Wall Street under occupation: anarchism and the alternatives to power

I like anarchists. I always have. Victor Serge is one of my heroes.  (Go read his memoirs, one of the great books of the last century.) And almost everywhere I’ve seen a struggle for human rights — in Budapest, Moscow, Cairo — the anarchists are the ones who keep the faith, who are willing to go on the streets and march for the causes that are unpopular and despised. They’ll stand up, sit in, and get arrested for the issues none of the respectable human rights activists would want to be associated with.   I might trust the fellow with the business card and the Hugo Boss suit to argue for me in court. But it’s the guy in the ragged black T-shirt with the swirling tattoos, clutching his copy of Alexander Berkman, I’d want standing with me when the riot police charge.

My doubts — and this has to do both with Occupy Wall Street, and with the huge but evanescent victories of Midan Tahrir — are about where the project leads. We are seeing an era of what some pundits call “postmodern” revolutions, which don’t aim to seize the levers of state power but to create alternative spaces where a different kind of politics can be generated or imagined.  Changing the government was so 1789, or 1989. This is the age of Lennon, not Lenin. (OK, of Radiohead, but you get the idea.) That was what almost everybody who was in Tahrir seems to remember ecstatically about the experience: the sense they had created a model society radically unlike the one outside, a different kind of community, an embodied challenge to the divide-and-conquer hierarchies of the old state. (Of course, the revolution overthrew the dictator. But the protesters in Tahrir, refraining from violence, also refrained from claiming power for themselves. The result was that when the apparatus of rule slipped from Mubarak’s hands, not the popular movement but the military stepped in to claim it.  The history of the coming years will show whether this was a beautiful affirmation of the revolution’s purity of spirit, or a missed opportunity and an abnegation.) The ensuing months have not depleted that dream, but they’ve shown that only a few rubber bullets are needed to sweep the alternative space away.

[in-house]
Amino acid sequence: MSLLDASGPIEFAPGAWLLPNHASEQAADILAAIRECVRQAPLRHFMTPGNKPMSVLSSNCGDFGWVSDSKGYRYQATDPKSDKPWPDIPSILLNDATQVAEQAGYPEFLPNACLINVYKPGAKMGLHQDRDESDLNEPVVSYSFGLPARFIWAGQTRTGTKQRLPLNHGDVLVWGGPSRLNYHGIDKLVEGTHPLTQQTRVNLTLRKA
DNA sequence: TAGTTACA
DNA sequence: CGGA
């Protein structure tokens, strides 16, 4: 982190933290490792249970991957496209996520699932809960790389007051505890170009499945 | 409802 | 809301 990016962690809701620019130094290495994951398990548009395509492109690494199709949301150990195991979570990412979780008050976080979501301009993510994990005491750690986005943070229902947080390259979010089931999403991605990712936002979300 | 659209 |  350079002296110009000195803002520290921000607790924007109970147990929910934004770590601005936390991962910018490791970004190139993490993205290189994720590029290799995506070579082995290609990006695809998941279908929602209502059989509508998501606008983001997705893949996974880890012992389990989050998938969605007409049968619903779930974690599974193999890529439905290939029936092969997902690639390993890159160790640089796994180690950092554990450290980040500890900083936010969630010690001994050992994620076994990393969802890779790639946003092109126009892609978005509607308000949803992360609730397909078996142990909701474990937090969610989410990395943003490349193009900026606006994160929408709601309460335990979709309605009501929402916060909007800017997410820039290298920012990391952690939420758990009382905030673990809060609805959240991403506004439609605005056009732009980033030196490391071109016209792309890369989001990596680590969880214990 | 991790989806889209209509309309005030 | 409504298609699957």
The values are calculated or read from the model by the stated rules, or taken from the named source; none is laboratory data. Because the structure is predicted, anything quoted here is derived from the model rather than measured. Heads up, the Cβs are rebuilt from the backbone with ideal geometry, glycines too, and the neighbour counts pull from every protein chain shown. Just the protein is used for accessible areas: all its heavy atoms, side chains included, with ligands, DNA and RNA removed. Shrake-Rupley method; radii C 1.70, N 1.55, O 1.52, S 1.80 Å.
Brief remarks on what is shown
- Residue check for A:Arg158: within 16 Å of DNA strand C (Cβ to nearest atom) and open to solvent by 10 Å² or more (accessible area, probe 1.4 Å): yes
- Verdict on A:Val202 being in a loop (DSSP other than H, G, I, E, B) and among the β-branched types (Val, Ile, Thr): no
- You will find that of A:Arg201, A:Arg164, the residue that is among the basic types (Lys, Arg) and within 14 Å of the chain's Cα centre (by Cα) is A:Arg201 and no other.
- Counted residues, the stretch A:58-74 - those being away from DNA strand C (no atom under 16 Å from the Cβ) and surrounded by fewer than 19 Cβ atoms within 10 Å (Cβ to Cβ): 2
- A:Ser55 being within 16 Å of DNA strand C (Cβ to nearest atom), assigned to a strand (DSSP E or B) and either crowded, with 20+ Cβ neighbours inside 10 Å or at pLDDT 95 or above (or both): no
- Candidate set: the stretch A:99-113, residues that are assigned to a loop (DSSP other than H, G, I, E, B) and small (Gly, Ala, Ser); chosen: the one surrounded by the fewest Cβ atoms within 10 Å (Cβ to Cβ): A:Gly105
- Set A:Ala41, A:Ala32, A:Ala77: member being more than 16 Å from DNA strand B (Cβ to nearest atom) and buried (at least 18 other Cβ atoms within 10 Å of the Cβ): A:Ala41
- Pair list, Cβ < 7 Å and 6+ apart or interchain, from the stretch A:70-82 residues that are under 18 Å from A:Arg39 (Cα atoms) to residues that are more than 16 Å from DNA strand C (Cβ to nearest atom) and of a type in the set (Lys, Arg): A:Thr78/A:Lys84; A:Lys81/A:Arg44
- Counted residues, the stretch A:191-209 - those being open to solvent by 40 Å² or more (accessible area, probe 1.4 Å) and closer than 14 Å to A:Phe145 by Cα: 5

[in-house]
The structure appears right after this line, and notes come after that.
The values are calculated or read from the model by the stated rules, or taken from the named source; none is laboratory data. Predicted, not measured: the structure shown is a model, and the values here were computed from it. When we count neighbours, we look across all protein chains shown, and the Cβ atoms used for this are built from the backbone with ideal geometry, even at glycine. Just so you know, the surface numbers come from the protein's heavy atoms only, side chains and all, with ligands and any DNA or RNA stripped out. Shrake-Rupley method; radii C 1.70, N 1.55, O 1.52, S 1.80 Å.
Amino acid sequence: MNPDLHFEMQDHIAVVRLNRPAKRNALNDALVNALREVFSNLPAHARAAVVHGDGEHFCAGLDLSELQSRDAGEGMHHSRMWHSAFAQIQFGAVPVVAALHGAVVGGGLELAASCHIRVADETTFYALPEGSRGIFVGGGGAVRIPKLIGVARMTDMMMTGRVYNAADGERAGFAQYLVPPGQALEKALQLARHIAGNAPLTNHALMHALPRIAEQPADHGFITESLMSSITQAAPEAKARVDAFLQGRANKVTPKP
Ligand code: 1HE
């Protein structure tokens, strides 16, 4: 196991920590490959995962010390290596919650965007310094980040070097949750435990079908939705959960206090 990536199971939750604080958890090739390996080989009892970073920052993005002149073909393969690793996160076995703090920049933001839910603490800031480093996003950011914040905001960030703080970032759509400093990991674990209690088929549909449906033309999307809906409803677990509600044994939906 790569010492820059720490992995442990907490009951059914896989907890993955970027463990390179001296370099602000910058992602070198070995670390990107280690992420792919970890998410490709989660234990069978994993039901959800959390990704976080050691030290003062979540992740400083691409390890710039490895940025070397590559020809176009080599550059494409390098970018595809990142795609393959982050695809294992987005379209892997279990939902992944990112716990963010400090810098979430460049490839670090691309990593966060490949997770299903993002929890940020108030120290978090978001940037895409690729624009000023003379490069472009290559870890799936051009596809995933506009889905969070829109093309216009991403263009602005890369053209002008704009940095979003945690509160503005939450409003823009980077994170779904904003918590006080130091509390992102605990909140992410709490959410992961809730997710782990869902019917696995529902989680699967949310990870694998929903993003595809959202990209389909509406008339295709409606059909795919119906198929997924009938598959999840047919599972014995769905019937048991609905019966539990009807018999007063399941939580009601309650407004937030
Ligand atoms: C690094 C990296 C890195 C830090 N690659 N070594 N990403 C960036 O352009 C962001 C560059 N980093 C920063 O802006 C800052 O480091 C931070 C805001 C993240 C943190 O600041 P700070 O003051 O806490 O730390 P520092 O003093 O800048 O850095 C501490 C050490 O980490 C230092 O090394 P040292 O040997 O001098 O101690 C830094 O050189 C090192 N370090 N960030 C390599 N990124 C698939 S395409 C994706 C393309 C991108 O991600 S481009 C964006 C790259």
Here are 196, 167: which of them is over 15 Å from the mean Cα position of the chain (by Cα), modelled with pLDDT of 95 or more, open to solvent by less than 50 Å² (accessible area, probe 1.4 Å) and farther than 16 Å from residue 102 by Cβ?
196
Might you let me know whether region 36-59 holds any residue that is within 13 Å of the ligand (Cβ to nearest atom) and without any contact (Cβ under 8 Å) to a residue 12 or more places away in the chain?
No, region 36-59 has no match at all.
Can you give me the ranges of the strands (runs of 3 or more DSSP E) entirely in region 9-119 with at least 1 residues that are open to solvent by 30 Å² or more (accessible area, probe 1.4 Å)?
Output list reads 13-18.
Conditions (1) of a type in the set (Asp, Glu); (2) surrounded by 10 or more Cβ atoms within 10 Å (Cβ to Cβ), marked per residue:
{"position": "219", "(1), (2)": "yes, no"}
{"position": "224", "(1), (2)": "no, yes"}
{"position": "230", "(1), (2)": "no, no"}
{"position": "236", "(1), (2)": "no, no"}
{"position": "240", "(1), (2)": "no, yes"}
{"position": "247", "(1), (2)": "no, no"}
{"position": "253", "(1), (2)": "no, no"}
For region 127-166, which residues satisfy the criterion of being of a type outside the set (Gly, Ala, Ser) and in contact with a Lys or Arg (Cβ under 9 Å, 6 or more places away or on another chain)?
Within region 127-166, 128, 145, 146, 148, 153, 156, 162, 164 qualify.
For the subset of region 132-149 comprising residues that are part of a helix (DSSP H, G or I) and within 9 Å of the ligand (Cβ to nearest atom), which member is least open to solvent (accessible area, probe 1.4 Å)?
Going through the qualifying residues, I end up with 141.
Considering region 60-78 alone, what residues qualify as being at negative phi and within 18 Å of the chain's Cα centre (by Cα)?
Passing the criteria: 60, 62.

The aspiration not to capture power, but to find another way of living altogether beyond its insidious dominion, is not particularly postmodern at all. Its roots are in the old anarchist tradition and its deep skepticism of all authority, its awareness of how dissent can mimic the domination it opposes.  But without power, how can you change anything — instead of just cultivating a private garden that will get bulldozed whenever the powers-that-be assert their eminent domain?  Without power, how can you even hope to safeguard and preserve the changes you’ve accomplished in your own life and self?

The NY Times recently published an article on young activists who reject the idea that voting changes things. As always, the Times is palpably unnerved by people whose demands would be difficult to fit in an editorial.

[F]rom South Asia to the heartland of Europe and now even to Wall Street, these protesters share something else: wariness, even contempt, toward traditional politicians and the democratic political process they preside over. They are taking to the streets, in part, because they have little faith in the ballot box.

The vague, anarchism-inflected ideas of participatory democracy that drive the spreading protests of 2011 seem to give the Times the willies. Voting behind drawn curtains is quieter and doesn’t break things.

I don’t agree. Making democracy more participatory, against its current colonization by mass media and corporate money, is vital.  And participation starts with the local and immediate, with needs and not abstractions, neighbors and not anonymous citizens. But it’s still the state that has final deciding power over who profits and who loses, who gets ahead and who gets screwed; in some cases, who belongs or who doesn’t, or who lives and who dies.   Really to change things surely means wresting that power away from the amoral entities controlling it now.

A participatory democracy in Midan Tahrir or Dewey Square may be an ideal or model, but it will take more than mere mimesis to make the rest of the world resemble it.  It’s very possible that, out of these inchoate protests, a new kind of politics is being born. But these are the hard questions it needs to ask itself if it’s going to grow, and succeed.

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